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Hi welcome. I retired, bought a motorhome and my Jeep eight years ago.

I bought a 2011 JK Sport in 2012, one owner, 13000 miles, $17,000, standard transmission, no power options, no AC, 2" Mopar lift, custom wheels and tires. I got a deal I couldn't pass up with full factory extended warranty.

If I were to do it again I would buy the Rubicon/Sahara with more options but still manual and good for off road or street.

I sold the motor home after 3 years of travel and kept the Jeep, it's my buddy now.
 

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Discussion Starter · #9 ·
8thtimer & SprkEng: Thanks for those tips. I didn't think about looking for welding.

Luckymac mentioned that speedo's that don't record miles started in the early '90's.
Today found an offer on 2005 'X' that has dinghy towing already set up, that is very attractive to me. The vehicle has 125k miles and the owner is not aware of the ability to disconnect the odometer.

So, is the disconnect of odometer in towing an option or require special operation to deactivate? Or is this like in the old days where you simply unscrew the cable from the tranny? Just wondering about this one detail.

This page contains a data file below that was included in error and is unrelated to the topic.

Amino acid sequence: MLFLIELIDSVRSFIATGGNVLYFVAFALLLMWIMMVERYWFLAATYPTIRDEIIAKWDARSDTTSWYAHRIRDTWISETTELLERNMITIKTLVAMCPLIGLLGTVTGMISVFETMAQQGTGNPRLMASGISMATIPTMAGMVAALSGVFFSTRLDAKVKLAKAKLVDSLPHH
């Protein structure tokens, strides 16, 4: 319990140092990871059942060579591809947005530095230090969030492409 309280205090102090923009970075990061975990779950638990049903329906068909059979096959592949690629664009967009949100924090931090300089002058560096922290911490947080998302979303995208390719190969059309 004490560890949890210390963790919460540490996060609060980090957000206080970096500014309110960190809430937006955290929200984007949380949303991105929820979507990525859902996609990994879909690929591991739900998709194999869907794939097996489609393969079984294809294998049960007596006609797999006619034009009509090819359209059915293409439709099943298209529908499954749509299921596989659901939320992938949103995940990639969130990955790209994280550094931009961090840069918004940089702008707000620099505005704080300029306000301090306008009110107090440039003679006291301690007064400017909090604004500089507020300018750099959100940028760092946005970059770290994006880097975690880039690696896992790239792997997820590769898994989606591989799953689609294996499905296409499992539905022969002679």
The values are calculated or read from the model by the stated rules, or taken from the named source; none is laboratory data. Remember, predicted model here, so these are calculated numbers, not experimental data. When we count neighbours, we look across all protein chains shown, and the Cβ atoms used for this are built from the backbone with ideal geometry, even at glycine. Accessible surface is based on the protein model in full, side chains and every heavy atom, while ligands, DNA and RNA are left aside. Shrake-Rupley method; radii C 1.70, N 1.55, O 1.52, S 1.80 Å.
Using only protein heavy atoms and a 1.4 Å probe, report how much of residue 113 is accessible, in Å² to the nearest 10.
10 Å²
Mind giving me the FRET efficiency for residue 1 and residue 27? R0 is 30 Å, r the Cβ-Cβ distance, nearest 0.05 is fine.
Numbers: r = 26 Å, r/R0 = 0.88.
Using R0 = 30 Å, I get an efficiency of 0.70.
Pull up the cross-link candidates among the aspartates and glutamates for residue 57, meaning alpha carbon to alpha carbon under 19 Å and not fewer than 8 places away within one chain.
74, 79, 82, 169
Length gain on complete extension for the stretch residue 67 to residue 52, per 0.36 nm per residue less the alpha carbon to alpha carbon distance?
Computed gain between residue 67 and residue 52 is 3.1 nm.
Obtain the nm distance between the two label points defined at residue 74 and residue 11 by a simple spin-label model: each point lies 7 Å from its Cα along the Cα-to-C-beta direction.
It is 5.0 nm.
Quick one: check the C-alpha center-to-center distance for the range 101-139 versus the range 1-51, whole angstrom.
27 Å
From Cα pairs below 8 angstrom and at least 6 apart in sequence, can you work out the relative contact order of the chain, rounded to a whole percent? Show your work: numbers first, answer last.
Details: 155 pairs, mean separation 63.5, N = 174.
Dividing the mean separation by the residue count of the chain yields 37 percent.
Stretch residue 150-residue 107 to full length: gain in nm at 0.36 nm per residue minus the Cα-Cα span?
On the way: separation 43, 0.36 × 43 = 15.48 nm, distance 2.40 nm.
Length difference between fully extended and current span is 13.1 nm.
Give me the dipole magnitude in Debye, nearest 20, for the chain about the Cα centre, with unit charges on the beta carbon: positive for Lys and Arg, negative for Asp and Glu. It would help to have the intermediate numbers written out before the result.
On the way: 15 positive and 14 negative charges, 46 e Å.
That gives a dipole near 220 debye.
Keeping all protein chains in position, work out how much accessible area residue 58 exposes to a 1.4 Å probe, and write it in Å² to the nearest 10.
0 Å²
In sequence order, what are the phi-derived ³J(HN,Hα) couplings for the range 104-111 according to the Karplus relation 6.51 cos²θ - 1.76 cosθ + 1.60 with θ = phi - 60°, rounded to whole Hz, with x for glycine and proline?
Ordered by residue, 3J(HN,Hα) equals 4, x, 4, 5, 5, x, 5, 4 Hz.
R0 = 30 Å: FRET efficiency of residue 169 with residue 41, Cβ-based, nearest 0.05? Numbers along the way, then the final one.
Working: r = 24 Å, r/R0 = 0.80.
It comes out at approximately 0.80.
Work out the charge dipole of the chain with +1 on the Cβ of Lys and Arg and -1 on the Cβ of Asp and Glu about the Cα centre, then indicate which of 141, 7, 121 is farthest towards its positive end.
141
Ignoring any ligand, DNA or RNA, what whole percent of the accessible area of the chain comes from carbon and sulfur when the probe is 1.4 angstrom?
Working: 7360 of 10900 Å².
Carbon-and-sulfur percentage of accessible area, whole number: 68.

I'll be searching for 'gotcha' info on this yr/model but if anyone has any gotcha info I'd appreciate knowing that info.
 

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8thtimer mentions a Cherokee.
With a Cherokee (XJ model), you automatically get a hard top, way more room, essentially the same drive train, less chance of an abused rig and usually a lower price because of supply and demand.
Most Cherokees are 4 door, but you might find a two door. Most of them are automatic and many will have factory air.

I had a Cherokee before I got my YJ and it was a great vehicle, off road and on road.
A stock Cherokee will do almost everything a stock Wrangler will do.

Not Grand Cherokee, but Cherokee.

Good luck, L.M.